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We have cedar siding and the wood peckers love putting holes in my house. I have used a 22 with bird shot very effectively but lost my right eye and can't see to shoot a rifle. So went to a pistol but I'm getting as many misfires as any.
Thinking of going to a .410 bird shot shotgun. Crazy???? Help
 

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Borrow a neighbor's .38 Special and go to your nearest ammo shop and buy some CCI shot cartridges. Deadly and you don't have to do much aiming. I use them for snakes and other vermin.

A 410 may put more holes in your siding than the woodpeckers.
 

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Ummmm...woodpeckers are federally protected under the North American Migratory Bird Act. There may or may not be some remedy available for a permit - but - you must work through the US Fish and Wildlife Service. Your NC DNR (or whatever it's called there) may be able to help you work with the feds. To make it more complex, some woodpeckers in eastern NC are endangered species, so it seems unlikely to me there could be a permit because of the difficulty of ID'ing species.

The list of birds we can legally shoot is very, very short. Big, big trouble.

W
 

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As mentioned above, there are laws against the killing of songbirds and they carry hefty fines when caught.

First off, your problem is not with individual woodpeckers otherwise it would have gone away when you killed the original ones. As the problem persists, it likely is you.

First thing to do is to verify you have been keeping up on the care of your shingles. Insects love to infest cedar shakes and if you have been lax on maintaining them, you are looking at other problems besides woodpeckers. This very common as cedar requires a lot more work and expense which few stay on top of.

It is possible the birds are marking territories which is a seasonal event. You will see this spring and fall though damage is generally light. Major holes is more as sign of feeding or nesting with the latter occurring in spring rather than fall.

My experience has been insect infestation when woodpeckers become a regular problem. Food is the one thing which attracts multiple animals, even when some are removed. Fix that and your problems will decrease significantly.
 

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Here is one solution-

Somebody some place makes these mechanical spiders that work off a Clapper™ kind of switch. They go in a shoebox size cedar box on your siding and when something knocks the rubber spider will drop out of the box a couple of feet, then reel itself up back up into the box. I have seen them work.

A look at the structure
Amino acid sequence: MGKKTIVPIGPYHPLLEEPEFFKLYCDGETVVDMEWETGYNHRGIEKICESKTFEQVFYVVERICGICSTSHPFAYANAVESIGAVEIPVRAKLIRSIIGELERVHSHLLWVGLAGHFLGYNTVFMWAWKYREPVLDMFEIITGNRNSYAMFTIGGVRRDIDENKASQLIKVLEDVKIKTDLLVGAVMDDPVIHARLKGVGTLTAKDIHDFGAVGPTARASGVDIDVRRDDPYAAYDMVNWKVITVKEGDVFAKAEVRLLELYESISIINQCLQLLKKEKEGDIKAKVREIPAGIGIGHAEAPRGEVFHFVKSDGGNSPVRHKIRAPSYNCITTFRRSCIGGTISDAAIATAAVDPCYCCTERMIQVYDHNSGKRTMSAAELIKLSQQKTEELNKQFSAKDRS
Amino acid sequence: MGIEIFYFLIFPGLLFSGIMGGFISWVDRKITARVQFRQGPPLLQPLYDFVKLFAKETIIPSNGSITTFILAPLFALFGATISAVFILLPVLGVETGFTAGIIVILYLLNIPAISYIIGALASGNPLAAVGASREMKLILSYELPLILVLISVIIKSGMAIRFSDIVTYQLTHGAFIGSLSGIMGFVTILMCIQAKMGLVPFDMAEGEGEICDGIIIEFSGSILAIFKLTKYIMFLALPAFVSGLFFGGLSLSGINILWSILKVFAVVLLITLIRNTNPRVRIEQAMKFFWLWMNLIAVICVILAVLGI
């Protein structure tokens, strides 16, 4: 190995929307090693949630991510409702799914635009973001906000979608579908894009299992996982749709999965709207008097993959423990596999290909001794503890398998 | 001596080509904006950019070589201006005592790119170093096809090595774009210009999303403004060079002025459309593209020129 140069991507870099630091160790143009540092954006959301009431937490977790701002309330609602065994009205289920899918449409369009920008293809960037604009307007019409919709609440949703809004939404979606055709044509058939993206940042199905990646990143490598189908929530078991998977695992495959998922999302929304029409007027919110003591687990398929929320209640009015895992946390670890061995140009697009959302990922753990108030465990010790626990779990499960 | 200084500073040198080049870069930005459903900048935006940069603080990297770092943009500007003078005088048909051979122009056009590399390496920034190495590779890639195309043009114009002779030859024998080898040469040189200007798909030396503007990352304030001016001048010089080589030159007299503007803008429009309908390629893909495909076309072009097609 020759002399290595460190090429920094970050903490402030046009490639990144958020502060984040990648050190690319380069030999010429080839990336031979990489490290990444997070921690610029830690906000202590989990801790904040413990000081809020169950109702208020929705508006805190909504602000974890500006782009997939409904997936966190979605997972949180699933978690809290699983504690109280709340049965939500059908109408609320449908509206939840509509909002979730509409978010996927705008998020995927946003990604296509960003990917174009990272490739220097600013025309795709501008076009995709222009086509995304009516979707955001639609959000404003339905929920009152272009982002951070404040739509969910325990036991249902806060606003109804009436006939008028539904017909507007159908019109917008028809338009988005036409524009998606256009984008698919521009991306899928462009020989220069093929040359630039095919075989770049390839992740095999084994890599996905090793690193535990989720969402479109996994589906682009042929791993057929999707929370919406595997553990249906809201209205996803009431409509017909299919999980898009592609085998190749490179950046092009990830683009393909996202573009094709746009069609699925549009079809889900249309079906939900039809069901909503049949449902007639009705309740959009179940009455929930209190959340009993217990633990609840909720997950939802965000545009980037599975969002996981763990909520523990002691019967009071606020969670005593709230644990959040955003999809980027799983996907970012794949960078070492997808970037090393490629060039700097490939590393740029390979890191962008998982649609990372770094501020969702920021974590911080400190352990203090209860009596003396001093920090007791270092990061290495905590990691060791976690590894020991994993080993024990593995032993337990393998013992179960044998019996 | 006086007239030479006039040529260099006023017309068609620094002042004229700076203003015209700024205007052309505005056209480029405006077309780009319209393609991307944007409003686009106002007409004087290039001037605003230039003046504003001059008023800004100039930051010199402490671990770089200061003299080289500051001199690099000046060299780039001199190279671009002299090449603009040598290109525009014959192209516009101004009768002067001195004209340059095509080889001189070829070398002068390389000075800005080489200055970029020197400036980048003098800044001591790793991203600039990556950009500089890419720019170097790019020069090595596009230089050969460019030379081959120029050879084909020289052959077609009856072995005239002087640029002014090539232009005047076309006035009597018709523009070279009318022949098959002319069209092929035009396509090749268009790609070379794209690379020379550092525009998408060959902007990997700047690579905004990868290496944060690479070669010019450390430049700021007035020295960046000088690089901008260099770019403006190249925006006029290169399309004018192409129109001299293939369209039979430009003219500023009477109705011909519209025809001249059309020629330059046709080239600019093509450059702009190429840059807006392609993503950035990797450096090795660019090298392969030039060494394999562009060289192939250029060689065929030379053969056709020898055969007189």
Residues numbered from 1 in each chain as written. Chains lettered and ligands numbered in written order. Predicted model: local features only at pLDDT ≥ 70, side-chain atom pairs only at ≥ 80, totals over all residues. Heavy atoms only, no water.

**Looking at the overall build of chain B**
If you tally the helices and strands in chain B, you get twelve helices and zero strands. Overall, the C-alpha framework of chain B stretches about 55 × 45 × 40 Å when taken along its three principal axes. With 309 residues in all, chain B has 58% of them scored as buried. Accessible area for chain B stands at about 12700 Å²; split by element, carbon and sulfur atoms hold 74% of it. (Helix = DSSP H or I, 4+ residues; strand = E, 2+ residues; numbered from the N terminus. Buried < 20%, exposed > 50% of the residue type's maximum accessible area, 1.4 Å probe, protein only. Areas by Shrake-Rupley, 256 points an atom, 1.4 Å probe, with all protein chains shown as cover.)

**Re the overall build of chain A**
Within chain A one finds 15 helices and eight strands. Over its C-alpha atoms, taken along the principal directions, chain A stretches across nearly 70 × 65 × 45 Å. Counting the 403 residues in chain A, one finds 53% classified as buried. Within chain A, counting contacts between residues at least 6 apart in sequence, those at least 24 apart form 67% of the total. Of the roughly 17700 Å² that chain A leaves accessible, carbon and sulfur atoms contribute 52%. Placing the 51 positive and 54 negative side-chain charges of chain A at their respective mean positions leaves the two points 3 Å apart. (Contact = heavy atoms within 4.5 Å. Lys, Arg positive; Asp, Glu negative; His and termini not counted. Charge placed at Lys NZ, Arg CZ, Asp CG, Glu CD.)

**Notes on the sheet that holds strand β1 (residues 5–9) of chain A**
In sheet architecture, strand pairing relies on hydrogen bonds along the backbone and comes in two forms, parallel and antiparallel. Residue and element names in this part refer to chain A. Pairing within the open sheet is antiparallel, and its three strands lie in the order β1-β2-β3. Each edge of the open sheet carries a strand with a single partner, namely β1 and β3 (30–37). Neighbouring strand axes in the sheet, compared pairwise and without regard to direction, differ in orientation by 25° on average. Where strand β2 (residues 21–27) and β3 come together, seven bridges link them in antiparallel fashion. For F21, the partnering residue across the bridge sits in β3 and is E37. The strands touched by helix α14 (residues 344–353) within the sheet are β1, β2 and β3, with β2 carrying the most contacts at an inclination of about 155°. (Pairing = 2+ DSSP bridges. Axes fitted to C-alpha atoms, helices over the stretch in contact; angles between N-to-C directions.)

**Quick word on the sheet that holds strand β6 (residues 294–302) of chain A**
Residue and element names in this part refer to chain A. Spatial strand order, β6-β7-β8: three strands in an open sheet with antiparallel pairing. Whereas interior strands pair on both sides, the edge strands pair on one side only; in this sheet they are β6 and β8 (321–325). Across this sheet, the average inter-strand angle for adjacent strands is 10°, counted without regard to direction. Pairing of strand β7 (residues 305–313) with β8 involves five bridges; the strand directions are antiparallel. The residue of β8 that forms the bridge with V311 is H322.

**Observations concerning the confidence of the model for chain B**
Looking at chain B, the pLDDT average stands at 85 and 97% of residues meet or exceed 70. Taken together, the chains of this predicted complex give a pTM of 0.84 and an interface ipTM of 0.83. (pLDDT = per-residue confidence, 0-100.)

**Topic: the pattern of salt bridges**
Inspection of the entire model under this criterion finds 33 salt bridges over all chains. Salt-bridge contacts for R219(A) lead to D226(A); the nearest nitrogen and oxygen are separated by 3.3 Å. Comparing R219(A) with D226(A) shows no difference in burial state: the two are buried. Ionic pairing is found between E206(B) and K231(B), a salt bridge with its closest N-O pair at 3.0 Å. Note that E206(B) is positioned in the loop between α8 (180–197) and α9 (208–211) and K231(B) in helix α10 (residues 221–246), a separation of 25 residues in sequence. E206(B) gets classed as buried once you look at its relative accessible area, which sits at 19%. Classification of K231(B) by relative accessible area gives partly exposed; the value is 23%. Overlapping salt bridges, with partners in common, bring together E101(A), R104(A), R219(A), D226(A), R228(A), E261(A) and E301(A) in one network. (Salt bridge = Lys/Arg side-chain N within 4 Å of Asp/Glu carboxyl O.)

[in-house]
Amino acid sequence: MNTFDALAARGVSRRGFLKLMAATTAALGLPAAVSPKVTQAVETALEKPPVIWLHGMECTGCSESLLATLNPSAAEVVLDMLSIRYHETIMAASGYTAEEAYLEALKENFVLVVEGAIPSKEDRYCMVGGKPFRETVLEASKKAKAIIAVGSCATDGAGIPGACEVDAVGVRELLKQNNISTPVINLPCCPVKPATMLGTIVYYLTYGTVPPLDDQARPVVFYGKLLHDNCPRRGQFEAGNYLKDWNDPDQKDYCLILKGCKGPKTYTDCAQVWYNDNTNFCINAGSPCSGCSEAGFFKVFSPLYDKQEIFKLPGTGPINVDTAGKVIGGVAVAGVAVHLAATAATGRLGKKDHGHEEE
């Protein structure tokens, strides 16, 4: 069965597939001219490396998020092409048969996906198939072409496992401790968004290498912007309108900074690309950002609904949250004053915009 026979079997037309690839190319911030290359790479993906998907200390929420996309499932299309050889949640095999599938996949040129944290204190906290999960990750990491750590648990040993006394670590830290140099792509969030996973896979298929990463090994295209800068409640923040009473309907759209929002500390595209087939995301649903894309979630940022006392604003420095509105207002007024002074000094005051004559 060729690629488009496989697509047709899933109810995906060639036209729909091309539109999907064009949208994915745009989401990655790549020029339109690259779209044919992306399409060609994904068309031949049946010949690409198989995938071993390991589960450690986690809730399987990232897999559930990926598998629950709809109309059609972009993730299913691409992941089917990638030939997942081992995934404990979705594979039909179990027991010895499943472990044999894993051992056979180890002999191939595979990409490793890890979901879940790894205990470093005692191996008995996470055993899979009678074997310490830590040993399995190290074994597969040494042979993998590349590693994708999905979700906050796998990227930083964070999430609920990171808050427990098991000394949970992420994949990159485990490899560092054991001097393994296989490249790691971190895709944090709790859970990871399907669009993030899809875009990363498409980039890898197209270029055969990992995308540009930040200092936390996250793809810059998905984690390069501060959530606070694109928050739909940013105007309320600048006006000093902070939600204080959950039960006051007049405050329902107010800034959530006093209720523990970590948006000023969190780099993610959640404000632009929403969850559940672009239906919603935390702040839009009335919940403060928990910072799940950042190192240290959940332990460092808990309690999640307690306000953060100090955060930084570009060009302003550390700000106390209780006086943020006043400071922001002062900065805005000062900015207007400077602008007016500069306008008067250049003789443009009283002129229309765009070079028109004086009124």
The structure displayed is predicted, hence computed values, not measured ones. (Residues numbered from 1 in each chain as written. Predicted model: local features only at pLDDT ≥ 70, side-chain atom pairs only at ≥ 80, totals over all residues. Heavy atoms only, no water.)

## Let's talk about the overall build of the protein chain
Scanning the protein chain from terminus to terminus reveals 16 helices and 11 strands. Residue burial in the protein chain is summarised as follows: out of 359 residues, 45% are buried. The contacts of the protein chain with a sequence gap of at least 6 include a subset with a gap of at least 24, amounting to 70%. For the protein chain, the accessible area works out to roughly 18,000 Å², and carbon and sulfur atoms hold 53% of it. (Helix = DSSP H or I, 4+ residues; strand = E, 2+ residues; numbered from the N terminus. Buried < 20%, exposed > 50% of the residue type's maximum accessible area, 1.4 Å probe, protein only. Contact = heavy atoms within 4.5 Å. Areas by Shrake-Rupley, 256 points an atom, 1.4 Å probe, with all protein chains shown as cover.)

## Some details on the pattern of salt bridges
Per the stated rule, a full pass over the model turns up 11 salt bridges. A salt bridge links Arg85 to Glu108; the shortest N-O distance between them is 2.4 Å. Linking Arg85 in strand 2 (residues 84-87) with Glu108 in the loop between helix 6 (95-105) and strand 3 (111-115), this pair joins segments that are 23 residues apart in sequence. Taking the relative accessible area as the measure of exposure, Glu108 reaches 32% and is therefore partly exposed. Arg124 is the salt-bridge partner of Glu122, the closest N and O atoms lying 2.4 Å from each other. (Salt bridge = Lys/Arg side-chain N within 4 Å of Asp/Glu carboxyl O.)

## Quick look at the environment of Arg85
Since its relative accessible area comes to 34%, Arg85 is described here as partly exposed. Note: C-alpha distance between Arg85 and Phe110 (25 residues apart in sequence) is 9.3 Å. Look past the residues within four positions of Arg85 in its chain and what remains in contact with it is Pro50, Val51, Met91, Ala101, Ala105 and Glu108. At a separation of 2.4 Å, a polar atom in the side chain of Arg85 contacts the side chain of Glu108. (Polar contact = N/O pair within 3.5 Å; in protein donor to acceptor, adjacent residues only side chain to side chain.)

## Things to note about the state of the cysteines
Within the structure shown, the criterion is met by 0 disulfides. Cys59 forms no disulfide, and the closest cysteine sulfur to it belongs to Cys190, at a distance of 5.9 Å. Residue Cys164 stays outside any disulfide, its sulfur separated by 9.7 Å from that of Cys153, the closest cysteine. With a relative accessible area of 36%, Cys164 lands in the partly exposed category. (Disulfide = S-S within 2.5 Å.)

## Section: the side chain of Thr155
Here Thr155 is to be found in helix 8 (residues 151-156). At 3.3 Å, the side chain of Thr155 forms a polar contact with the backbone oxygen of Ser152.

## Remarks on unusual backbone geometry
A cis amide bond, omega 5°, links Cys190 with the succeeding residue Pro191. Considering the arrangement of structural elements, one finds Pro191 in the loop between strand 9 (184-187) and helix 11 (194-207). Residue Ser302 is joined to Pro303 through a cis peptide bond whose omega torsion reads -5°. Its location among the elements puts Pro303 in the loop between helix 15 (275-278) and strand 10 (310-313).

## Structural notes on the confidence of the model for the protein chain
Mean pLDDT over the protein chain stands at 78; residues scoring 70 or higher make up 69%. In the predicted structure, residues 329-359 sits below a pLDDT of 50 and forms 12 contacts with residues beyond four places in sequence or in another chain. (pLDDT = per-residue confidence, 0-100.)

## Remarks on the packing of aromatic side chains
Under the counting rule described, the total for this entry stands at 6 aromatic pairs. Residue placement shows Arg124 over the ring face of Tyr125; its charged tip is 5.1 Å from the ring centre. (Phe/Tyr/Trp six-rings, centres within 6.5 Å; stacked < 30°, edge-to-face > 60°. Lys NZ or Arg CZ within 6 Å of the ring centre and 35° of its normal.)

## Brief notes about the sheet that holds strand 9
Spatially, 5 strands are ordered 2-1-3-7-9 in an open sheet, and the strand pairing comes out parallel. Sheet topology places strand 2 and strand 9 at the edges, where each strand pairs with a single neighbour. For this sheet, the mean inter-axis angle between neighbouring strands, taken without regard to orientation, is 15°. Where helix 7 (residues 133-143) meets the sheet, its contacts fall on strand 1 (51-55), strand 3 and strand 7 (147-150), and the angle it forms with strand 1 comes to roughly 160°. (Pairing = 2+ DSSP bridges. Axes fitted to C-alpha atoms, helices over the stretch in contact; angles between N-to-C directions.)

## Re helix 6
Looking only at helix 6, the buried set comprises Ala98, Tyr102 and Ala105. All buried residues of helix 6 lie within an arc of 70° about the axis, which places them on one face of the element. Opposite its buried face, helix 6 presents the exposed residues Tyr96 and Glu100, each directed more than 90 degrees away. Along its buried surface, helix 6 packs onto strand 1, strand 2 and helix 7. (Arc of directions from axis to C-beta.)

No, I am not kidding.
 

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Shooting woodpeckers, or any songbird, is a recipe for serious trouble and big fines.
 

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I used to have lots of issues with downy wood peckers drilling holes in my cedar siding. They bored multiple holes 1.5" or so in diameter.
I sure don't think they were going after insects as the house is almost 30 years old and there is no evidence of insect damage. I had to plug numerous wood pecker holes with plastic wood.
 

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Some infestations are rather benign and do not cause damage in and of themselves. A good example, at least up here, are Eurasian Ladybug/ American Ladybug and Box Elder beetle infestations. These insects do not damage the building but they sure are numerous.

In the case of your house, odds are some insect was laying eggs or morphing under the shingles. I had such a happening with the pine boards hiding the steel pillars on my porch. Some sort of insect had gotten between the board edges and laid eggs on the backside. Woodpeckers of various types realized this and pounded holes through the boards to reach the larvae inside. Repainting filled the gaps between the boards and the problem disappeared for a few years until the paint peeled from the seams. Now, I repaint more regularly as that is easier than replacing and then painting chewed up boards. I'm guessing something similar was the issue with your house and it disappeared once maintenance was done to the shingles.
 

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My wife's utility company has issues with them and their wood power poles. Asphalt/pitch applications, wrapping in chicken wire and other "remedies" really do not work. As others have said, best to contact F&W in your area - they may have a solution.
 

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+1 on the owl decoy AND, new to us was application of a product named 'BoricCare'

We have always had problems with errant woodpeckers but, doing more damage were the wood borer (big-*ss "bumble") bees!

A pest control company we have a LOT of proven faith in, came and applied the BoricCare and, true to their word, the wood actually absorbs the stuff!

Anyhoo, sure enough, no more borer bees but, going on 9-months now and not a single woodpecker, either.

After the pest control pros left, I googled the stuff and you can Amazon it to your front door.

Hand pump sprayer, a ladder and a warm day and your in like Flynn!

Best o' Success!
 
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